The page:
While the FDA recently cautioned against the use of the drug to treat coronavirus patients outside of hospitals, that warning came after more than 830,000 prescriptions for the drug were filled for the generic and name-brand version of the drug, Plaquenil, in March -- up from roughly 460,000 prescriptions written during the same time last year.
In a statement this week, the FDA Commissioner said "the decision to take any drug is ultimately a decision between a patient and their doctor."
A large observational study published Friday found that seriously ill Covid-19 patients treated with hydroxychloroquine and chloroquine were more likely to die or develop dangerous heart arrhythmias, and a study published earlier this month showed the medication did not help treat coronavirus and could cause cardiac arrest.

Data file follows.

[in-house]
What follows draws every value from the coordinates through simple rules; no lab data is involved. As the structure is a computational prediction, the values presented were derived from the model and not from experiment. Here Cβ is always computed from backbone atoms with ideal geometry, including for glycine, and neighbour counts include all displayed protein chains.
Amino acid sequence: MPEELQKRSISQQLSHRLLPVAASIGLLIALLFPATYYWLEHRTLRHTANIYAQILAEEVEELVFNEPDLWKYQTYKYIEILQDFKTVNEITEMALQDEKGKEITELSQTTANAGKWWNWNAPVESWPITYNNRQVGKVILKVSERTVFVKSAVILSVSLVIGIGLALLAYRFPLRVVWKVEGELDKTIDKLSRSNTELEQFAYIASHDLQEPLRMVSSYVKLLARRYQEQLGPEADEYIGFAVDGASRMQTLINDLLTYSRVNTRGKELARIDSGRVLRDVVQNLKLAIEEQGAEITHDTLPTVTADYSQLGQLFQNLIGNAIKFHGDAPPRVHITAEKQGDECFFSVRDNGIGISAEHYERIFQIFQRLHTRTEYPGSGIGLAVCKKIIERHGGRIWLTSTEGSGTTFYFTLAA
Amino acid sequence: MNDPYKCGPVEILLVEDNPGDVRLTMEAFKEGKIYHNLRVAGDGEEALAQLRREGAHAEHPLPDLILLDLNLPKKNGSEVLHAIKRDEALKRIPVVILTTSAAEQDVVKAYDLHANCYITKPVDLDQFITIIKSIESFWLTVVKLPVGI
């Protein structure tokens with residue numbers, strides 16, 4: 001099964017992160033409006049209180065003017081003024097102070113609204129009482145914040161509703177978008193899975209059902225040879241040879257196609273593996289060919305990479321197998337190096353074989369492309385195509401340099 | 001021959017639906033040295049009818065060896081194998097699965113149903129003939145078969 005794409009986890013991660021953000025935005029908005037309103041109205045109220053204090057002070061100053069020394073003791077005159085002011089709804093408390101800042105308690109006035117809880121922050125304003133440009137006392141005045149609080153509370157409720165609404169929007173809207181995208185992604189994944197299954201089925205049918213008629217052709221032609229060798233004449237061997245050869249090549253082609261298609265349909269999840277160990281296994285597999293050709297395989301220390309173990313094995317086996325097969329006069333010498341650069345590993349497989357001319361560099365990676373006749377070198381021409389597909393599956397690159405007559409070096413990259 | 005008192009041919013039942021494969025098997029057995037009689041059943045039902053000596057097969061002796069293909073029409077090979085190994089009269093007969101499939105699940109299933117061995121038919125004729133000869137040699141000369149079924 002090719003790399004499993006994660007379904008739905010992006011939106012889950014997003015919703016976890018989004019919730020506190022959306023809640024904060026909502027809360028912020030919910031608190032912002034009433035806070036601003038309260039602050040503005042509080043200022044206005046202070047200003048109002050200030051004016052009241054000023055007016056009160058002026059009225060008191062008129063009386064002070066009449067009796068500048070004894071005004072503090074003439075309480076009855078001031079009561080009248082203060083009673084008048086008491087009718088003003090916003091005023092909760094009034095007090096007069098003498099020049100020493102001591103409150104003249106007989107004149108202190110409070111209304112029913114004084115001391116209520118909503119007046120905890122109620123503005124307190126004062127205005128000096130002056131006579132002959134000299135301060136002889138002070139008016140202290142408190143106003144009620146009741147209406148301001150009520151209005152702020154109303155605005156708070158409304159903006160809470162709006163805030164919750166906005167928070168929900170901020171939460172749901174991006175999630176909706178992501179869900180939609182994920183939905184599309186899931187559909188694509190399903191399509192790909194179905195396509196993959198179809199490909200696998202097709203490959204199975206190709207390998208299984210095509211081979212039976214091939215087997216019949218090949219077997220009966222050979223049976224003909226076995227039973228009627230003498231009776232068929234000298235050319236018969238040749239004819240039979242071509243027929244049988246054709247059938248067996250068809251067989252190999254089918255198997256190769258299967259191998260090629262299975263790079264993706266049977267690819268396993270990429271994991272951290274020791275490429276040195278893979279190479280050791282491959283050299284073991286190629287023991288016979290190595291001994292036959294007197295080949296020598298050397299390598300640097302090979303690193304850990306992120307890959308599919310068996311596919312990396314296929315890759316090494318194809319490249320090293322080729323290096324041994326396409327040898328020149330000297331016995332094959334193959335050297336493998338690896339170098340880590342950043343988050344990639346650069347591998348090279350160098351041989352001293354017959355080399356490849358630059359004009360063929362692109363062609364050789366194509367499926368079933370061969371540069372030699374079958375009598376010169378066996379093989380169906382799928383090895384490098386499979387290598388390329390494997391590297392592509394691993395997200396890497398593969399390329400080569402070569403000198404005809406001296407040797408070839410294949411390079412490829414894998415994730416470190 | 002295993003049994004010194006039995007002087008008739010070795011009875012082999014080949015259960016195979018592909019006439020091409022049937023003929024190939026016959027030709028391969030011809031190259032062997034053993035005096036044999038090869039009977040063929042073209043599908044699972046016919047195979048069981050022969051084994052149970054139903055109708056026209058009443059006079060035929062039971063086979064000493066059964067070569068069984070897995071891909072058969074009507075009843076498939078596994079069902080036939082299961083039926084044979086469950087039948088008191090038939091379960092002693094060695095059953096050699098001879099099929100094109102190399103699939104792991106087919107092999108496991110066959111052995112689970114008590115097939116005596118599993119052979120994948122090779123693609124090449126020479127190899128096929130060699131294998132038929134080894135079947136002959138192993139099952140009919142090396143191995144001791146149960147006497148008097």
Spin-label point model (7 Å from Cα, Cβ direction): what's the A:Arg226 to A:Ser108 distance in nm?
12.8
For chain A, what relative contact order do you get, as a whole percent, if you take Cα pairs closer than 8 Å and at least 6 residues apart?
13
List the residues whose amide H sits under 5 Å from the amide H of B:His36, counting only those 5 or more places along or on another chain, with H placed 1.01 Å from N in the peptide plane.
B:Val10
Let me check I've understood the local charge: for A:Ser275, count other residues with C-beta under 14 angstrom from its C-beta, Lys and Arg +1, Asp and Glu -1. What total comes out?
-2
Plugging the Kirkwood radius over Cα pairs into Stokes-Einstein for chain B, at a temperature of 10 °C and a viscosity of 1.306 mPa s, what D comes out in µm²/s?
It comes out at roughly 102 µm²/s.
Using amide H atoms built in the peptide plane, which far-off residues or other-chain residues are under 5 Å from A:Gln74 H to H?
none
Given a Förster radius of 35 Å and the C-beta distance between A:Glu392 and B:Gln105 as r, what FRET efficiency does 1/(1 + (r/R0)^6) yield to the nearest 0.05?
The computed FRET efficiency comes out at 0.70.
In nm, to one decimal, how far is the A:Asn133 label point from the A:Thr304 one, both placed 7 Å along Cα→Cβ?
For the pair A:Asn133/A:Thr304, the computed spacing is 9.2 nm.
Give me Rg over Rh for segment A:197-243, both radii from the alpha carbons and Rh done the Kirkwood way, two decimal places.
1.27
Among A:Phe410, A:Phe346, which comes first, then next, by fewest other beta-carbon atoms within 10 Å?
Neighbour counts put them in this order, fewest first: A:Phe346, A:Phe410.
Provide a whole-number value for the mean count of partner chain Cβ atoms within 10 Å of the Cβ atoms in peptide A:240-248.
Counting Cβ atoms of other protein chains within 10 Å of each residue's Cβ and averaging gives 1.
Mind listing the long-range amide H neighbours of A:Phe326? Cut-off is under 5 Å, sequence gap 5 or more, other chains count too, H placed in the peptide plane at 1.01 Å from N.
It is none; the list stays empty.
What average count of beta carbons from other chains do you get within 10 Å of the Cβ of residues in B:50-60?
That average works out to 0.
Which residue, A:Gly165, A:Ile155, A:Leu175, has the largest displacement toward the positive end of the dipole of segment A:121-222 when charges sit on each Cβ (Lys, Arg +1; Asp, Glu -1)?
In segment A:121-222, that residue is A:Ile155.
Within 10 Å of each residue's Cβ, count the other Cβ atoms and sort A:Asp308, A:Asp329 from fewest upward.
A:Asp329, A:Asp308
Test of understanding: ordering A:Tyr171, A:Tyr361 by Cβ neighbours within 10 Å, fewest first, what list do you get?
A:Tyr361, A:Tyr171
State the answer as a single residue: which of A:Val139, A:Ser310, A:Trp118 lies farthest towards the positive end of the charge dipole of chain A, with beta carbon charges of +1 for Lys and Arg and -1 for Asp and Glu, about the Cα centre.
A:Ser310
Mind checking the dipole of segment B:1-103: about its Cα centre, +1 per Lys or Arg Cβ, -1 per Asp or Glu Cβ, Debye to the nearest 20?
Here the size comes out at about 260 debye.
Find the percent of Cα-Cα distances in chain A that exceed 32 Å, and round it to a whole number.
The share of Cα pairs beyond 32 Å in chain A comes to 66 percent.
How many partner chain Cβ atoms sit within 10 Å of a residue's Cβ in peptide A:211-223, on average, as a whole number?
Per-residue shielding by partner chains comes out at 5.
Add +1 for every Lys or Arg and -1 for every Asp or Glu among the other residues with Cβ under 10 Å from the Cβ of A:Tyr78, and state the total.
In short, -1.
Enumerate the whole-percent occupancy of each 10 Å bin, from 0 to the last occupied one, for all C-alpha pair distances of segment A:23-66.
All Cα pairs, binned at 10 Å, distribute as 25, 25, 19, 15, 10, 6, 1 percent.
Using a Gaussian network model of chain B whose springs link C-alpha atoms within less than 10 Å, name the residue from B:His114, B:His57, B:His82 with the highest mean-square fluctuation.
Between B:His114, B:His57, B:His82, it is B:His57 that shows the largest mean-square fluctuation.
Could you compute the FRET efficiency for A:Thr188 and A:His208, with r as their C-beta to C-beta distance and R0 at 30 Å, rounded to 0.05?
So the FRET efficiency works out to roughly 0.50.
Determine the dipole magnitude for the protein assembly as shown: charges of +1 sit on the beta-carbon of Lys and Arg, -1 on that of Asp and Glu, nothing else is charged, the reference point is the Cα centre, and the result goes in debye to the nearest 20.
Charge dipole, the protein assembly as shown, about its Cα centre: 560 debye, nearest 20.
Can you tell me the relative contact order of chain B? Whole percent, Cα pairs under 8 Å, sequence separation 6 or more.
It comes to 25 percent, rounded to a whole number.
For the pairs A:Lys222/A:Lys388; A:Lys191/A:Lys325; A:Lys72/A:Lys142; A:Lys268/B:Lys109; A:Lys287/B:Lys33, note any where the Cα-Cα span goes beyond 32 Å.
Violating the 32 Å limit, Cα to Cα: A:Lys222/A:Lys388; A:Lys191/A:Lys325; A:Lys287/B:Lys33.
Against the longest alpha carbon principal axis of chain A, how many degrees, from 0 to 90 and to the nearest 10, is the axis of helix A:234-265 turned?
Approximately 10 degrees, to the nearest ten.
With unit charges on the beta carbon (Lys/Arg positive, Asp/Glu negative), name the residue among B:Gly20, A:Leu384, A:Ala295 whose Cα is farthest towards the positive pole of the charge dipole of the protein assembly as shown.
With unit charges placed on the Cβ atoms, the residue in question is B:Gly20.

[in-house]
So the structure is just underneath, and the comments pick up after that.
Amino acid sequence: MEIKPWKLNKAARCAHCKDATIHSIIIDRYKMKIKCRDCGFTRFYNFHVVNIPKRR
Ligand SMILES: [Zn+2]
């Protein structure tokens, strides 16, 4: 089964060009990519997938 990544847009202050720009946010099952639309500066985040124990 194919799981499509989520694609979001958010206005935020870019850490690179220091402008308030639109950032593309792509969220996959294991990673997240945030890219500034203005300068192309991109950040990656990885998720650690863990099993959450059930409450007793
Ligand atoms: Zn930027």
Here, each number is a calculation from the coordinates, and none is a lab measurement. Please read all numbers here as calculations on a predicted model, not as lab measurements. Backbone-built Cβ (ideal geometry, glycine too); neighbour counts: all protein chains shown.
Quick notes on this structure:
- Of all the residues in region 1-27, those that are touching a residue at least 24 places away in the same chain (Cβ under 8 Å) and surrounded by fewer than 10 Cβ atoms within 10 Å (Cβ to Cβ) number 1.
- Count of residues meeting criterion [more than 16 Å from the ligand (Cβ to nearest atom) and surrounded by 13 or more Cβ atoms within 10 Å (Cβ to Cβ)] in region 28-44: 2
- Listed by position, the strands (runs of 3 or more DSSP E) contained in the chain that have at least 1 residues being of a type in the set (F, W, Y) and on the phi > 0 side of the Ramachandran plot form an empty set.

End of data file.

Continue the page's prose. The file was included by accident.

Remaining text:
The ousted director of the office involved in developing a coronavirus vaccine, meanwhile, has claimed in a whistleblower complaint that he was pressured to make hydroxychloroquine widely available and that he was removed from his position after raising concerns about it.
Just this week, Trump told reporters that he is taking the medication -- an announcement that comes at a time when the medical community was already worried about shortages of hydroxychloroquine for patients who use it to treat other serious conditions.
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